“Seeing the full Adobe Creative Suite running on school-issued Chromebooks illustrates the strong partnership that Google and Adobe have in enabling creativity in education,” says Jessica Naeve, head of product marketing at Adobe for Education. “It’s exciting to see itopia help Chromebook students run full-powered software.”

Students can also gain confidence in tackling real projects under the guidance of educators. Merto oversees these types of projects, such as design requests from the Chester chapter of the NAACP when event posters or new business cards are needed.

“If a job comes into our studio, students create a team, and they know the process to go through in order to gather the information – like doing the appropriate research, design, and providing the end results to the client,” Merto says. “So we’re using Adobe, itopia, and Chromebooks not only to make sure students can do the items on the CTE task list, but also to open ourselves up to helping our community.”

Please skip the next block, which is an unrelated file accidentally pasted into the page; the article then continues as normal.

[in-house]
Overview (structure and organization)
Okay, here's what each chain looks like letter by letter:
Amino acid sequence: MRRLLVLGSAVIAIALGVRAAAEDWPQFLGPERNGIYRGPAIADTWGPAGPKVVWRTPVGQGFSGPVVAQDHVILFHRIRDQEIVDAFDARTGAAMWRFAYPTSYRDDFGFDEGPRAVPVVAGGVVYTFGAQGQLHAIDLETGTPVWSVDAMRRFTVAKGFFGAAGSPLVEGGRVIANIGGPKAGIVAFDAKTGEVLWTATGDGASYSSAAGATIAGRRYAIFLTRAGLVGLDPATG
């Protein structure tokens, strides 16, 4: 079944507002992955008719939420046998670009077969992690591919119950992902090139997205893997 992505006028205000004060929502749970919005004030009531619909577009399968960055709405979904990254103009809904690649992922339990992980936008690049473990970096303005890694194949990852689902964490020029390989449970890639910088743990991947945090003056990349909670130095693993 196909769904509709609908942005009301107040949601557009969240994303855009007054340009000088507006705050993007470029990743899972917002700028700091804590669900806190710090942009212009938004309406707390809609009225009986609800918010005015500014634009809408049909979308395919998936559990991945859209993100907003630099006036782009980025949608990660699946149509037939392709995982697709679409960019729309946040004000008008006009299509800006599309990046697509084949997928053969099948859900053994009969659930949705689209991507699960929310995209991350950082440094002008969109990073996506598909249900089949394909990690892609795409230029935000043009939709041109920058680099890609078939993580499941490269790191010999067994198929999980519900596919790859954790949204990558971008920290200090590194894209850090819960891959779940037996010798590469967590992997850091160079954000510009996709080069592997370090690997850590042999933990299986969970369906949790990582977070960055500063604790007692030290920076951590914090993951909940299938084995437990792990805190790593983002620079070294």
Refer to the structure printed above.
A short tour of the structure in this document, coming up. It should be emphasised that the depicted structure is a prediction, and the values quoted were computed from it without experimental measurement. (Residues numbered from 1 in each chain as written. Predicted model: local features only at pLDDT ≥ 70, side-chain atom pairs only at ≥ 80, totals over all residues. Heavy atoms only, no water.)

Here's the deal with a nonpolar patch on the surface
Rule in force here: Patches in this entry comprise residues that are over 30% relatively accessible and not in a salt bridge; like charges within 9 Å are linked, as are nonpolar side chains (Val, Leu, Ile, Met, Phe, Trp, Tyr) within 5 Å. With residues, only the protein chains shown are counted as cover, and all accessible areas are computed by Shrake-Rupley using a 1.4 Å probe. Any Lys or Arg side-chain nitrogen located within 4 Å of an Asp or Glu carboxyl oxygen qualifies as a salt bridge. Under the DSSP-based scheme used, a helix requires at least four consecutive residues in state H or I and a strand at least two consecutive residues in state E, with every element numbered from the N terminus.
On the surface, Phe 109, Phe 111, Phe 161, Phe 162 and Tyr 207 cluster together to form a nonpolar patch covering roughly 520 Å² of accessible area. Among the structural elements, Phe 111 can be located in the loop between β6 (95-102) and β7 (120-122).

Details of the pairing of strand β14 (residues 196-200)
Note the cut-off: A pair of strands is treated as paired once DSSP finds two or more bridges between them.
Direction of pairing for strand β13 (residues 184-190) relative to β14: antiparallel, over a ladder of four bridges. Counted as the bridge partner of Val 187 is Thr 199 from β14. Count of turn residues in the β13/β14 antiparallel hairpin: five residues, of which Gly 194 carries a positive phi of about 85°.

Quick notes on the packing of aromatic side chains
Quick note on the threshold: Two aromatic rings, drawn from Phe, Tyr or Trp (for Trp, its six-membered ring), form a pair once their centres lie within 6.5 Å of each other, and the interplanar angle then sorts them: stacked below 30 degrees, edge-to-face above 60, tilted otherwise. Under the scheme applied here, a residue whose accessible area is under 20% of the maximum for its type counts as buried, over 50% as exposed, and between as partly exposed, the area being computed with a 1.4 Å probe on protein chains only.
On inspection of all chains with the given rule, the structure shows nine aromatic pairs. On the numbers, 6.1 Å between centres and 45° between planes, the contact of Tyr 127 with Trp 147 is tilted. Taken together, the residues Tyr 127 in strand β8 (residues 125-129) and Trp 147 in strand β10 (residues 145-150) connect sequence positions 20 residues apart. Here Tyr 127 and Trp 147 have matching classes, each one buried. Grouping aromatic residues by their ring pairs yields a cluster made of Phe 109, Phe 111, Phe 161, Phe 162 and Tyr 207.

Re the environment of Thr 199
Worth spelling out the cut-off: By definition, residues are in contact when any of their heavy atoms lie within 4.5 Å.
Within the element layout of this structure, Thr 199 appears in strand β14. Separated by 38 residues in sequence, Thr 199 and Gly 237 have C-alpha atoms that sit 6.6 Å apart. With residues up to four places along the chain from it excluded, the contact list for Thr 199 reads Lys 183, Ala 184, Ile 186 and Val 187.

On the journey to a cloud campus

CUSD was already using Google Workspace for Education to help educators and students share assignments and projects. Google Classroom and Google Drive are the repositories for engineering drawings. And Merto has trained many fellow educators and district staffers in using Google Forms, Docs, and Sheets.

“Our after-school program used a 25-page paper application,” Metro says. “We had to keep track of where all of these 25 pages were for every kid. I got people to adopt a Google Form instead of the paper application. That way, if something happens, we can all access the same information at the same time. If something needs to be updated, it can be updated for everybody at the same time.”

The STEM Academy’s experience with Chromebooks allowed the school’s leaders to assist other district schools in adopting Chromebooks for every student. Today, all schools in the district have 1:1 programs, with 2,500 Chromebooks in use. As Merto says, “The Chromebook initiative went outside of these walls and into other CUSD schools.”